How W. is Dumber than a Fascist
Andre Harris: Bearing in mind what you learned in the last war, the results of National Socialism, which, as you explained, had a certain appeal or charm about it at one point in your life, bearing this in mind, would you change the choices you made at that time?
Christian de la Mazière: Yes, of course. I think only an idiot would refuse to change their opinion.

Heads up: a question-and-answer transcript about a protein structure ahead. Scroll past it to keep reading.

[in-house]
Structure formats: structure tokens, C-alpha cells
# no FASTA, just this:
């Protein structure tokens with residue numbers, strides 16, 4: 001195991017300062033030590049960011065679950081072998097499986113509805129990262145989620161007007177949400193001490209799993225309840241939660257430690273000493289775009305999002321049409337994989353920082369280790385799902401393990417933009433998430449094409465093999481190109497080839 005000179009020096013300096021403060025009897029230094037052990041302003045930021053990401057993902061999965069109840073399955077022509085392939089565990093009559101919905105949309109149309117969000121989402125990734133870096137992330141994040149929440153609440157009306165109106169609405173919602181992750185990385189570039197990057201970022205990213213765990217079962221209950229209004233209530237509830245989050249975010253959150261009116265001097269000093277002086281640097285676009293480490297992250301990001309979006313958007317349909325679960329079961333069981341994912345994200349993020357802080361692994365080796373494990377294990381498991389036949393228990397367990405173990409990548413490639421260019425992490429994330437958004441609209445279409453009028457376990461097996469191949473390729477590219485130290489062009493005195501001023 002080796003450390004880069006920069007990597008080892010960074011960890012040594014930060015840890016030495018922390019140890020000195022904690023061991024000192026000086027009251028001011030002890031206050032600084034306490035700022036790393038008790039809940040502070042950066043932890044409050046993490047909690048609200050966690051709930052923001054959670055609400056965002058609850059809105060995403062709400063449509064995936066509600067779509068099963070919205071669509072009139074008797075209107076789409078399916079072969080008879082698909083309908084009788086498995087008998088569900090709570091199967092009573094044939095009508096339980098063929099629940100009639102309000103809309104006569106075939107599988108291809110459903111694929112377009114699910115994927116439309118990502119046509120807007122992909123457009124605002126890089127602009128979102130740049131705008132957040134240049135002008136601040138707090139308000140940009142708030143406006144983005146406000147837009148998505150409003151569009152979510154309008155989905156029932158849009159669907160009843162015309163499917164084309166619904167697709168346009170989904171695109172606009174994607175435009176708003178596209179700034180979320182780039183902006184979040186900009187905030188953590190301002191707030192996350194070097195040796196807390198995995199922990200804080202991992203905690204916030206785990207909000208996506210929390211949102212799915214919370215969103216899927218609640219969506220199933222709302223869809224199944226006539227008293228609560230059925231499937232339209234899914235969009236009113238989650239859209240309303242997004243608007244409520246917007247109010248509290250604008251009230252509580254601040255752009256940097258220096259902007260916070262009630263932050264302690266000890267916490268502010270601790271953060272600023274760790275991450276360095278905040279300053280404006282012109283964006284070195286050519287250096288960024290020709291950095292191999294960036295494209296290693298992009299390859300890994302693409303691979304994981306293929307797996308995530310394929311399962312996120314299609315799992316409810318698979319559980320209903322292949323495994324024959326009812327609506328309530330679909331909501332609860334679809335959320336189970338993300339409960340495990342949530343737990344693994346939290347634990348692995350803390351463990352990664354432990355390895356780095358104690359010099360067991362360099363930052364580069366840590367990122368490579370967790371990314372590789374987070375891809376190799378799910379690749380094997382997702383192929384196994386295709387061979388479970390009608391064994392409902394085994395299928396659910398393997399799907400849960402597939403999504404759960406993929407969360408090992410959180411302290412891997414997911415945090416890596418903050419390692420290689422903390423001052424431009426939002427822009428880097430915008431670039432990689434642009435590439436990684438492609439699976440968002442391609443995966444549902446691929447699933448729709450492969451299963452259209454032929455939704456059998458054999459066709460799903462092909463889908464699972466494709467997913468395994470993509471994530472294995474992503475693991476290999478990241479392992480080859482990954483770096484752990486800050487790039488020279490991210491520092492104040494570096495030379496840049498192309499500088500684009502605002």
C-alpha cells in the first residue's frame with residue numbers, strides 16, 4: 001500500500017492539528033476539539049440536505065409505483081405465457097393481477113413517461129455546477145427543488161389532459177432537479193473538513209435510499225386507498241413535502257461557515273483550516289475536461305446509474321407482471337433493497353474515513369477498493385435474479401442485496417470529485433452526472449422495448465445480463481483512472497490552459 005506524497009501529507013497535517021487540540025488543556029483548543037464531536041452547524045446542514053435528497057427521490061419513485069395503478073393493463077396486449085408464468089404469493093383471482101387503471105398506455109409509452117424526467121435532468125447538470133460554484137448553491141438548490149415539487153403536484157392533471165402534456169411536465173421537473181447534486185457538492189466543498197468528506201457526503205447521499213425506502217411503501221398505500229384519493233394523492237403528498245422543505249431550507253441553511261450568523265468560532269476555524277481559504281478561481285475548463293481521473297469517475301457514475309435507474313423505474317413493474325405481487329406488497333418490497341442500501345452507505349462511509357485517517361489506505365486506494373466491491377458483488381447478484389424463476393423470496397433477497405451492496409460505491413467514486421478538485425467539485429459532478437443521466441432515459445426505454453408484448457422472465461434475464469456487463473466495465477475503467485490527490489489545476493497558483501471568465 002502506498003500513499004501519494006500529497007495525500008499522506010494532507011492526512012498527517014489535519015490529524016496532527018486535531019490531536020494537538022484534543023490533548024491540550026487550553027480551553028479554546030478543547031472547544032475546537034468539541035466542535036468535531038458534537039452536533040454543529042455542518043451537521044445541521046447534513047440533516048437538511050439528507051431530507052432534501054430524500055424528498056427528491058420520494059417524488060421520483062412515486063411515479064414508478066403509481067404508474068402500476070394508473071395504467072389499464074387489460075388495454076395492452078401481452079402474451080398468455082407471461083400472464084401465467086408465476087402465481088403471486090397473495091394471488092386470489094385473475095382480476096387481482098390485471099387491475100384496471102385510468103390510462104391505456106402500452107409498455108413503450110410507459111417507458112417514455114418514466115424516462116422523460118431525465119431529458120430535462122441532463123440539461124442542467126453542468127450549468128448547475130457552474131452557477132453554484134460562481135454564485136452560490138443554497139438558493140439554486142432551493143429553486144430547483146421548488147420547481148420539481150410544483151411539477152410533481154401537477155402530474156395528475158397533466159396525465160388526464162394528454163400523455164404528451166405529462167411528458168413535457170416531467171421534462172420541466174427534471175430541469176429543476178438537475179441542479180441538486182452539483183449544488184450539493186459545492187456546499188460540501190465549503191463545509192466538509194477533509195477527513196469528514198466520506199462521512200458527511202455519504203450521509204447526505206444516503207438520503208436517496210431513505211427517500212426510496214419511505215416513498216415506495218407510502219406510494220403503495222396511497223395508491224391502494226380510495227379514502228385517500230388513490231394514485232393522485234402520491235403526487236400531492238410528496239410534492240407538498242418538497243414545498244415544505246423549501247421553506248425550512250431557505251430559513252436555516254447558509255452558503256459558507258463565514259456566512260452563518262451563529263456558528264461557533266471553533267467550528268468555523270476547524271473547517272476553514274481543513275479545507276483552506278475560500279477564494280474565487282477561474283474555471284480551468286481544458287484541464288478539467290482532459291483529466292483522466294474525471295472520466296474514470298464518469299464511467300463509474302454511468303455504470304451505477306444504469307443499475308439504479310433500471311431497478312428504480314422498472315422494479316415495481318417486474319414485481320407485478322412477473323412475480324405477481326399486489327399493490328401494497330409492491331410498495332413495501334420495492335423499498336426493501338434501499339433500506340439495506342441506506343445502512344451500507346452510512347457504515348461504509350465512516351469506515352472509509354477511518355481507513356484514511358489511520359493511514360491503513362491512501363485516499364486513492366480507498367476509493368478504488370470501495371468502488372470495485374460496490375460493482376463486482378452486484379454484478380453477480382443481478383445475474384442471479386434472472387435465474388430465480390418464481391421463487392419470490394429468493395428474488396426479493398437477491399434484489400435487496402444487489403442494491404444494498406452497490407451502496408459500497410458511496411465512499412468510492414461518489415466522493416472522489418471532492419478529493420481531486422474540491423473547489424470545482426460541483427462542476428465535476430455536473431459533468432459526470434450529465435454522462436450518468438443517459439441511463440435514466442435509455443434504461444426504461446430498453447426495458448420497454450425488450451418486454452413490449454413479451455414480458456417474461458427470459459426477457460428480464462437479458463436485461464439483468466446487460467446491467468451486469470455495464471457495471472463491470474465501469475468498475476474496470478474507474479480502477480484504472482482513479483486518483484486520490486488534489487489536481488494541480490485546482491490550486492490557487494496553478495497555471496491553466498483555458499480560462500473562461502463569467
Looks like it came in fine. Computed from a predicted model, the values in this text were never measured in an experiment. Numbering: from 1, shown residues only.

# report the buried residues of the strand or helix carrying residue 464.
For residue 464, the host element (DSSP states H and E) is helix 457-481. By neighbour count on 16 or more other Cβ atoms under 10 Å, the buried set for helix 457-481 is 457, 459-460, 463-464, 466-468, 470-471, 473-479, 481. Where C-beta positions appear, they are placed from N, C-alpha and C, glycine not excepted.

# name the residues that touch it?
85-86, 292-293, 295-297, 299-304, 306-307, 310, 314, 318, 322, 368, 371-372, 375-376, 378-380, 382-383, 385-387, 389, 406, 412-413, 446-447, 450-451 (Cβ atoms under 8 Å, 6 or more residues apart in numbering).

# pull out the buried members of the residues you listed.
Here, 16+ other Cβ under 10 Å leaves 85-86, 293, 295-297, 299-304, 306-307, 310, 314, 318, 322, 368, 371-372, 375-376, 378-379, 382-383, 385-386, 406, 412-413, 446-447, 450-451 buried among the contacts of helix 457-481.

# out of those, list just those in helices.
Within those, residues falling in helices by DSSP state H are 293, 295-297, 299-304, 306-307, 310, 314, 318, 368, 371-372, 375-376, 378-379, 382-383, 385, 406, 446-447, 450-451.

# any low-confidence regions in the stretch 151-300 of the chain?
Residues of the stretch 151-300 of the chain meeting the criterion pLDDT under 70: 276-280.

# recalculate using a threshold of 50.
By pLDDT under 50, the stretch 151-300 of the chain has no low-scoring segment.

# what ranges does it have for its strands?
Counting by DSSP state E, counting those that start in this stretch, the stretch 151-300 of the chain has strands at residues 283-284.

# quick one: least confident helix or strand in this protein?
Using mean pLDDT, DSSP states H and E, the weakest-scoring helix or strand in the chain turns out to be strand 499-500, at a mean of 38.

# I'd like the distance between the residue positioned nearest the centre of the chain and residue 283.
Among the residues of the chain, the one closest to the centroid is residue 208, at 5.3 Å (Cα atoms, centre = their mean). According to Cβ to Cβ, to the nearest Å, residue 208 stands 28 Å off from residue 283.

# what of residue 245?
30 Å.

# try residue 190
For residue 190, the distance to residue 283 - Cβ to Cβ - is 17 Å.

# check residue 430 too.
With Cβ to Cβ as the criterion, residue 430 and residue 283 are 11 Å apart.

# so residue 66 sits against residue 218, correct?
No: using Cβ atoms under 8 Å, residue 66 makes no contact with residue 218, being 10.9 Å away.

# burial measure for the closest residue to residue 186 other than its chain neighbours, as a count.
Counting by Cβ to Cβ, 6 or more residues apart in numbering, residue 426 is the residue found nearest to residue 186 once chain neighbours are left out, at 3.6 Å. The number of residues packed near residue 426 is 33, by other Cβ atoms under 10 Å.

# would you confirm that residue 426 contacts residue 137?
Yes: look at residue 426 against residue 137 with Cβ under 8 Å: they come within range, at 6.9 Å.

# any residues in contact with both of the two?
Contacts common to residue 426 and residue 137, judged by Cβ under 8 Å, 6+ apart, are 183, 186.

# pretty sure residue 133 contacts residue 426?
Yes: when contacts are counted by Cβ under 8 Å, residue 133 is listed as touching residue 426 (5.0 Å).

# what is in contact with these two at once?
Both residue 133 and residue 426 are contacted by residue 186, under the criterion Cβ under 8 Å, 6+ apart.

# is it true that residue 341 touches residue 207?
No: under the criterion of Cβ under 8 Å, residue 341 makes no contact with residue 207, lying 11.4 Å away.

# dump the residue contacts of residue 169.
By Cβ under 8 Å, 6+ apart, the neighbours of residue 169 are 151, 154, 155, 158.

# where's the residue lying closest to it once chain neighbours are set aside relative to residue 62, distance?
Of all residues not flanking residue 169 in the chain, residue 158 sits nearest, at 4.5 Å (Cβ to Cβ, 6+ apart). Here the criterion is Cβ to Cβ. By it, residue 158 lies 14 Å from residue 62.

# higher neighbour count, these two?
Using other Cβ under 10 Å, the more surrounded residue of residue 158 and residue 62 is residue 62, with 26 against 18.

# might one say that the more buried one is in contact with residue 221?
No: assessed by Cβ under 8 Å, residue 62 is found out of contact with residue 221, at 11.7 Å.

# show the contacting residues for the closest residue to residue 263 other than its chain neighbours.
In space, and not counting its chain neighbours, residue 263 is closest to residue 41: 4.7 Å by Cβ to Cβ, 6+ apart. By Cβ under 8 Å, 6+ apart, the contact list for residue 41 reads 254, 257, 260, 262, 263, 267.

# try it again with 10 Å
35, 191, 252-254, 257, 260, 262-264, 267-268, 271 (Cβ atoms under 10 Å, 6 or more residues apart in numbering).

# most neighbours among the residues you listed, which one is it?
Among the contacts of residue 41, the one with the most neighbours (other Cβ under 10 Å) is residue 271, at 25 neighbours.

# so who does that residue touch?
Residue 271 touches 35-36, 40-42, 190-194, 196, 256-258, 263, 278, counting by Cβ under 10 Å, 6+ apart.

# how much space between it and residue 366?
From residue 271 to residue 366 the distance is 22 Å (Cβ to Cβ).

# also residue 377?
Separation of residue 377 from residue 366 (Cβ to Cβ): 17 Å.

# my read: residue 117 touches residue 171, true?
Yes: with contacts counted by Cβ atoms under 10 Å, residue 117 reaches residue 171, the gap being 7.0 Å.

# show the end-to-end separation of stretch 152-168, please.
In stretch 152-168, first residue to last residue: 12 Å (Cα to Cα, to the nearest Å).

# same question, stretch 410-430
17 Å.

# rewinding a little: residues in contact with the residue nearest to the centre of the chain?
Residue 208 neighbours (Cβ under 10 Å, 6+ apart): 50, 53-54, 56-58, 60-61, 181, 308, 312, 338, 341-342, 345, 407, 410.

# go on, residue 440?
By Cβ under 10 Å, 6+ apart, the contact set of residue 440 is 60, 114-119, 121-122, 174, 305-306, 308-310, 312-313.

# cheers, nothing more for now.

— from "Le Chagrin et le pitie" (1971), Marcel Ophuls great documentary on the occupation of France during World War II. The original New York Times review can be read here. Among the many fascinating details — the equivocation of collaborationists, the straightforward account of an aristocrat like de la Maziere, the sad amusement (and heroics) of Pierre Mendes-France, who had to wait for two lovers to seal the deal, or at least the agreement, and leave, before he could climb down from a prison wall and escape an unjust sentence, along with the horrors of such propaganda films as "Le Juif Suss" — I was also intrigued to discover that, in French anyway, sorrow (chagrin) is masculine, while pity (pitie) is feminine. True? And does this expand our interpretation of "Annie Hall"? Feel free to discuss.